Dryas octopetala. Mountain Avens.

Dryas octopetala. Mountain Avens. An alpine flower.

Cerocarpus montanus. Mountain Mahogany.

Cerocarpus montanus. Mountain Mahogany. Photographed in Red Rocks Park, Colorado. Common throughout the Rocky Mountains.

Purshia tridentata. Bitterbrush.

Purshia tridentata. Bitterbrush.

Almond Subfamily: Spiraeas - Amygdaloideae

      The Almond subfamily includes the former Spiraea, Plum, and Apple subfamilies. There was some genetic overlap between these groups, which necessitated combining them. For example, some genera were previously classified as Spiraeas, but are more closely related to Plums or Apples. Nevertheless, the traditional grouping remains useful for the purposes of identification.

      Spiraea-type plants are mostly shrubs with foamy-looking, dense clusters of usually small white or pink flowers, often with stamens dangling beyond the petals. Unlike the Rose subfamily, these plants do not have stipules on the leaves. The ovary is positioned superior with 2 to 5 (rarely 1 to 12) simple pistils, which may be partially fused at the base. Fruits of this group include capsules, follicles (unicarpellate dry fruits that split along a seam), or sometimes achenes (dry seeds).

Spiraea betulifolia. Birch Leaf Spiraea.

Spiraea betulifolia. Birch Leaf Spirea. Tobacco Root Mountains. Pony, Montana.

Spiraea betulifolia. Birch Leaf Spiraea.

Spiraea douglasii. Western Spiraea.

Physocarpus malvaceus. Ninebark.

Physocarpus malvaceus. Ninebark. A common shrub in Rocky Mountain forests.

Almond Subfamily: Plums - Amygdaloideae

      Plums, cherries, apricots, peaches, nectarines, and almonds are all included in the Prunus genus. With most of these species, we eat the fleshy fruit and throw the pit away, but in the almond (P. dulcis), we discard the fleshy fruit and crack open the pit to eat the nut. The ovary is positioned mostly or wholly superior and usually consists of a single carpel (unicarpellate) (2 to 5 carpels in Oemleria) forming a single chamber that matures as a drupe (a fleshy fruit with a stony seed). Next time you see one of these fleshy fruits, notice the "seam" down one side, and the almond-like pit in the middle; those are the obvious marks of Prunus and it closest allies.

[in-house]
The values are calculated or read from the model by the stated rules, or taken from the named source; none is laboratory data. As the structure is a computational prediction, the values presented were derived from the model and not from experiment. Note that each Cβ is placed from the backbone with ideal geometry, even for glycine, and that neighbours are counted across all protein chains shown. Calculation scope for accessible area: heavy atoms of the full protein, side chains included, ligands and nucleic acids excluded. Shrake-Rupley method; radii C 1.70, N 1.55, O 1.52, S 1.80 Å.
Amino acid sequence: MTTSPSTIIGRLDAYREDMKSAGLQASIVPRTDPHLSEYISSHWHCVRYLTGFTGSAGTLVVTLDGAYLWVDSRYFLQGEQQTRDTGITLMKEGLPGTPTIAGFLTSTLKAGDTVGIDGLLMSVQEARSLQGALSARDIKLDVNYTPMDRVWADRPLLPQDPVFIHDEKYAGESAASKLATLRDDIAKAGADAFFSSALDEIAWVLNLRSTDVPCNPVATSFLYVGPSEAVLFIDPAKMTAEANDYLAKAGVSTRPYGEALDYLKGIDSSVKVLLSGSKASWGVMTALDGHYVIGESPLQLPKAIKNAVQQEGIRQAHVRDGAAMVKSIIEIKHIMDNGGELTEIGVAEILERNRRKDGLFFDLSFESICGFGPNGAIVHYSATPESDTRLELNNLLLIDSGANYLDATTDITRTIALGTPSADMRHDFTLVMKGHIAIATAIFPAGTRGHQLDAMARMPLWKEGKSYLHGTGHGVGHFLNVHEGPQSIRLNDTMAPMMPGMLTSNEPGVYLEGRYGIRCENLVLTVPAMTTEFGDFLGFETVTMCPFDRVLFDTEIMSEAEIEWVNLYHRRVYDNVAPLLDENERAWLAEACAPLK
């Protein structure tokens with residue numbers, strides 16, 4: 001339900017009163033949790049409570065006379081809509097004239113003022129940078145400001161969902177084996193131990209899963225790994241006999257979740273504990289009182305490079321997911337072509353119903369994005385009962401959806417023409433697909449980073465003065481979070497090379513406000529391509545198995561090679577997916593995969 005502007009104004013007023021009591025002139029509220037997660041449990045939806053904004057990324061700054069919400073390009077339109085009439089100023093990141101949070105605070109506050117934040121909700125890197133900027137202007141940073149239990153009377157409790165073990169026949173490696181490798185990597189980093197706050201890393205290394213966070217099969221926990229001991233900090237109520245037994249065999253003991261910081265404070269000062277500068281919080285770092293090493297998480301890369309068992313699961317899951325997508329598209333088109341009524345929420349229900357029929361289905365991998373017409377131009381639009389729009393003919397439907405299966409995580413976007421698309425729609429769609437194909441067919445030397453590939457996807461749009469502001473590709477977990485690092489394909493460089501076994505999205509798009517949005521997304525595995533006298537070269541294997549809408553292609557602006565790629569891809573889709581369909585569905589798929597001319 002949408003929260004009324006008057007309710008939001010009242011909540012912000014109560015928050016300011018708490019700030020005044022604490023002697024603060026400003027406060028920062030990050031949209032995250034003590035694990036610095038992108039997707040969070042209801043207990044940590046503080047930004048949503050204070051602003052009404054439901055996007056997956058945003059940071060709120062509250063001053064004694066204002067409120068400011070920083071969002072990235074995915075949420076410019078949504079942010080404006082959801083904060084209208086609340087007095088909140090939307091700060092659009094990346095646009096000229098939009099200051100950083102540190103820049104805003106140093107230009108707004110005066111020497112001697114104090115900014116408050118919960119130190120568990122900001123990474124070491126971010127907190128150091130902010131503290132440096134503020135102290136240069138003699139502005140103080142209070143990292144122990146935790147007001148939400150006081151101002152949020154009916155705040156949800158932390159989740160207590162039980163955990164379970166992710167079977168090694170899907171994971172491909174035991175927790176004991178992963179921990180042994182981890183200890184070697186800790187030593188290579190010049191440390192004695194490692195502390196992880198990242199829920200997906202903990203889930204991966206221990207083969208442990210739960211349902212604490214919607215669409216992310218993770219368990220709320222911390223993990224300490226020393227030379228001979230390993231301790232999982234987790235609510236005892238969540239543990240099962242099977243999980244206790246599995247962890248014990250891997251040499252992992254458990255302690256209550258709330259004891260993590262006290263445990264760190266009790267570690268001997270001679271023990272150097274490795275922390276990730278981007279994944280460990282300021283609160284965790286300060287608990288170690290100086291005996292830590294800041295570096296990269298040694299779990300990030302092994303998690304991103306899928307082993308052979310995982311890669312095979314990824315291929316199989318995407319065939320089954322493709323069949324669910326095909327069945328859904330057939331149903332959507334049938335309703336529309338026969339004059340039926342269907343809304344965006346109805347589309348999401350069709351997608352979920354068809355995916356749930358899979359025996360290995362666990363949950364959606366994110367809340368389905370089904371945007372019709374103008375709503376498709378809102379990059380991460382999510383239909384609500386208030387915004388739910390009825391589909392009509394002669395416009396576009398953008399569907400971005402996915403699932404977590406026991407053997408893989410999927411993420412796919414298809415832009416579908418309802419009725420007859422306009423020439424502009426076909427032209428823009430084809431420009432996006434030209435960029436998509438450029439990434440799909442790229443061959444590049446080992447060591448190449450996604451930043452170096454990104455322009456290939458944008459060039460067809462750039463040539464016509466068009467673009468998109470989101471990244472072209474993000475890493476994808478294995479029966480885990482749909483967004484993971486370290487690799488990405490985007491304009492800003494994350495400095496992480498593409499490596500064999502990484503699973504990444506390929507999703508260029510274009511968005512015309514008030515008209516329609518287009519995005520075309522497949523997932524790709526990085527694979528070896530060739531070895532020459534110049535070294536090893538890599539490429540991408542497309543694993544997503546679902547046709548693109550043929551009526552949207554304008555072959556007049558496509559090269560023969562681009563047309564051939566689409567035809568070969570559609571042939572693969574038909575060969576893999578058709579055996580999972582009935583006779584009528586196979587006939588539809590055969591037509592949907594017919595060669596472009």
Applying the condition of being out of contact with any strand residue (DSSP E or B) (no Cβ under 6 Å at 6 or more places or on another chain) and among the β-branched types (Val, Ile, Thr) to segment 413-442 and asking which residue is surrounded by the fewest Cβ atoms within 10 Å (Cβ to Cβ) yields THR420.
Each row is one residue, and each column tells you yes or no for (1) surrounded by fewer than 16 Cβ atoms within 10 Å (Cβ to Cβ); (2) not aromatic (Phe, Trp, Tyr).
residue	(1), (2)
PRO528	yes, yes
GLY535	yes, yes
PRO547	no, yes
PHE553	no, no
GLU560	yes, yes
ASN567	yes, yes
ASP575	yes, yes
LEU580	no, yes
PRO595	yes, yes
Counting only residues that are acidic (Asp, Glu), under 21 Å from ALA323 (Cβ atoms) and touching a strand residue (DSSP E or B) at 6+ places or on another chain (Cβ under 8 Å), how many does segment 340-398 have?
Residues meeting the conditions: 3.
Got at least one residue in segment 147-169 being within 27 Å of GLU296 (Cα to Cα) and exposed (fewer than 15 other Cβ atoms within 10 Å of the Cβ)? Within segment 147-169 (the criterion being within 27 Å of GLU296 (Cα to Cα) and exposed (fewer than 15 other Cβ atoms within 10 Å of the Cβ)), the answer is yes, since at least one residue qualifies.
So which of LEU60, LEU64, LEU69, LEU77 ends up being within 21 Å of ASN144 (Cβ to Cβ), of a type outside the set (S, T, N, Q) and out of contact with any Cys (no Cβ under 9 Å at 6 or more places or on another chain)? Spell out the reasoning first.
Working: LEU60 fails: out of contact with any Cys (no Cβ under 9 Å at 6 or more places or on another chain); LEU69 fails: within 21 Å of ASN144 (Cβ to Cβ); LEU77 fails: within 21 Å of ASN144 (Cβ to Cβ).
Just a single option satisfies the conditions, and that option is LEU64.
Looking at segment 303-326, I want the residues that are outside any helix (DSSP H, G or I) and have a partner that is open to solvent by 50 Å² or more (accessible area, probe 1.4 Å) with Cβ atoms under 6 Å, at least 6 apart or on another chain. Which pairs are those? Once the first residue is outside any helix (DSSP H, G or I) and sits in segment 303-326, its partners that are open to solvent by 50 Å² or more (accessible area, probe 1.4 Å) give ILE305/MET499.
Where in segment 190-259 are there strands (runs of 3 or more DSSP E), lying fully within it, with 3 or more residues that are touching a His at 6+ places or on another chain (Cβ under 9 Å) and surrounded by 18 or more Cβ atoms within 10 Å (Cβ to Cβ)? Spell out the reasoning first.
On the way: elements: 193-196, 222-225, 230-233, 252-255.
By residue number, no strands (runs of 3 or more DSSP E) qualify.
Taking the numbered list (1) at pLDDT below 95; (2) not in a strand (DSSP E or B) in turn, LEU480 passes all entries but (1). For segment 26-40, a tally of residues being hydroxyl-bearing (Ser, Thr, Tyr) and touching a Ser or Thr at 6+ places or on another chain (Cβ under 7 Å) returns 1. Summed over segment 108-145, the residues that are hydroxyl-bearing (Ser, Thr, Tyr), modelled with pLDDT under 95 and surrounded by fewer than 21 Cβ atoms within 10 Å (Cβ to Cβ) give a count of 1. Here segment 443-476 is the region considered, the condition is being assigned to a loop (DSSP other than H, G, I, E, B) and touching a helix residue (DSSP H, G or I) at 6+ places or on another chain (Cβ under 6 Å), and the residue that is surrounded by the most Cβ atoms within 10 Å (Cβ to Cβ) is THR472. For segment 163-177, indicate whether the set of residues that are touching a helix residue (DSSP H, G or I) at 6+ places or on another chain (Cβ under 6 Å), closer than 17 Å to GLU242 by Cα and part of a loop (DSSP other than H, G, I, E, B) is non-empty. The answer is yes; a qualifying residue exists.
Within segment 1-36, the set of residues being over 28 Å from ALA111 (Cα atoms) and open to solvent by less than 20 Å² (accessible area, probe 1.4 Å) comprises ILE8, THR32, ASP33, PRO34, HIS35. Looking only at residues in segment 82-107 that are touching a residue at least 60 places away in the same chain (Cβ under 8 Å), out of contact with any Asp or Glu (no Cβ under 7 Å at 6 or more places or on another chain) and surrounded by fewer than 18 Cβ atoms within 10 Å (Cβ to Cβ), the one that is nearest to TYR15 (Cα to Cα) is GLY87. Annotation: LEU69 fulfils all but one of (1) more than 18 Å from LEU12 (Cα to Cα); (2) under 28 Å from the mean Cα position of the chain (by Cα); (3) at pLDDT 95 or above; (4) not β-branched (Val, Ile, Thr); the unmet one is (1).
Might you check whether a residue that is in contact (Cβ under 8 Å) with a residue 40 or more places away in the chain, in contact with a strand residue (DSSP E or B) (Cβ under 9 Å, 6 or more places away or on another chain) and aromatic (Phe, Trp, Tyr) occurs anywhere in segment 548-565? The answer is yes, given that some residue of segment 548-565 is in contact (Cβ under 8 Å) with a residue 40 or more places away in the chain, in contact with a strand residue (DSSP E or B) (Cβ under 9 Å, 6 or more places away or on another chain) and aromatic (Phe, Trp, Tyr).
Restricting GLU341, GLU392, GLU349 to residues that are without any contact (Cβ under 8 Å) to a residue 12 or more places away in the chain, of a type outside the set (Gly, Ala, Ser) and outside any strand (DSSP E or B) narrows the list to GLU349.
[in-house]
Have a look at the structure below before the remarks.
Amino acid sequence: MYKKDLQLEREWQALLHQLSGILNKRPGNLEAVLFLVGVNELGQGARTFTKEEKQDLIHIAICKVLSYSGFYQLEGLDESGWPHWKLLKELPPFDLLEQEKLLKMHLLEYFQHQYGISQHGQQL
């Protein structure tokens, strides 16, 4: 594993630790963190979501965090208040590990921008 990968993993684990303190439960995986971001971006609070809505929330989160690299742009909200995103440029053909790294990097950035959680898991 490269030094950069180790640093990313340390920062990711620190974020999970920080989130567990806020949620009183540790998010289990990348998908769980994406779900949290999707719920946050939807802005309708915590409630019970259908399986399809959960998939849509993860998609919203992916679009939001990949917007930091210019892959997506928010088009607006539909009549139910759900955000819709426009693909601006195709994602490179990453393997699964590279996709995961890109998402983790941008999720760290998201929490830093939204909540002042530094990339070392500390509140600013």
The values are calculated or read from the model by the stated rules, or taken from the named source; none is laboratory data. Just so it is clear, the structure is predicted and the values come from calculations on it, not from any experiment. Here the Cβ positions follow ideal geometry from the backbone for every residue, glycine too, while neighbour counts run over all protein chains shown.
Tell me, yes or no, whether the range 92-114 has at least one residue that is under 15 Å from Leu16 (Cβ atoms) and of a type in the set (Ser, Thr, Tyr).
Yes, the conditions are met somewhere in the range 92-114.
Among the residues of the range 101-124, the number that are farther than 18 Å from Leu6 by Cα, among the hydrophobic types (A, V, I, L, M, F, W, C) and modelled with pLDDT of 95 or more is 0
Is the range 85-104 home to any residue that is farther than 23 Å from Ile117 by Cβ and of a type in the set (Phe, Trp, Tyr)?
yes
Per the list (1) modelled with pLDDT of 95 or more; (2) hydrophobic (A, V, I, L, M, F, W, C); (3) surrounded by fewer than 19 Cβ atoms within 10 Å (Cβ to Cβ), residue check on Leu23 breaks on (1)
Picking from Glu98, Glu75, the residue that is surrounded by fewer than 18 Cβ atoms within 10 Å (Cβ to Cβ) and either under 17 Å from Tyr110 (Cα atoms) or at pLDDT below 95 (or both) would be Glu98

The fruits and/or nuts of any species of Prunus are technically edible, but the nuts contain amygdalin, a glycoside that breaks down into benzaldehyde and cyanide. Benzaldehyde is the source of the bitter almond flavor, often utilized in cooking. The degree of bitterness is a good indicator of the concentration of amygdalin in the raw nut. Amygdalin, also known as laetrile or Vitamin B17, is considered beneficial in small doses, but excess consumption leads to cyanide poisoning. Cyanide prevents cells from utilizing oxygen in the bloodstream, resulting in asphyxiation at the cellular level. Proper cooking, drying, and/or oxidation destroys the cyanide, making the pit-or rather the nut inside the pit-edible.

Prunus virginiana. Chokecherry.

Prunus virginiana. Picking Chokecherries. Twisp, Washington.

Prunus mahaleb. Mahaleb Cherry.

Prunus mahaleb. Mahaleb Cherry. Twisp, Washington.

Prunus tomentosa. Nanking Cherry.

Prunus tomentosa. Nanking Cherry.

Prunus americana. American Wild Plum.

Prunus americana. American Wild Plum.

Prunus armeniaca. Apricot.

Prunus armeniaca. Apricot.

Almond Subfamily: Apples - Amygdaloideae

      If you find a Rose family plant with fleshy fruits and a five-pointed star on the bottom then it belongs to the apple group of the Almond Subfamily. The only other fleshy fruit of the Rose family with a five-pointed star is the rose itself (see the Rose subfamily). In apple-type flowers, the ovary is positioned inferior, leaving the remains of the flower attached to the tip of the fruit. The fruit is a false fruit known as a pome. Rather than being formed as a swollen ovary, the fleshy fruit is formed from the enlarged receptacle around the ovary.

      All of these apple-type fruits are more or less edible, although some, like the mountain ash (Sorbus), can be highly sour-astringent. Other cultivated members of the Apple subfamily include the apple (Malus), pear (Pyrus), quince (Cydonia), loquat (Eriobotrya), Christmasberry (Photinia), and Pyracantha. The fruits of most of these plants are sweeter after a frost. Note that berries from the Heath family / Blueberry subfamily have a similar five-pointed star from the leftover sepals.

Malus fusca. Pacific Crabapple.

Malus fusca. Pacific Crabapple.

Amelanchier utahensis. Utah Serviceberry.

Amelanchier utahensis. Utah Serviceberry. Canyon de Chelly National Monument. Arizona.

Amelanchier alnifolia. Serviceberry.

Amelanchier alnifolia. Serviceberry.

Amelanchier alnifolia. Serviceberry.

Crataegus spp. Hawthorn.

Pyracantha spp. Pyracantha. An ornamental shrub. Lake Mead. Nevada.

Pyracantha coccinea. Pyracantha. Spokane, Washington.

Sorbus scopulina. Mountain Ash.

Sorbus scopulina. Mountain Ash.

Sorbus scopulina. Mountain Ash.

Sorbus sitchensis. Sitka Mountain Ash.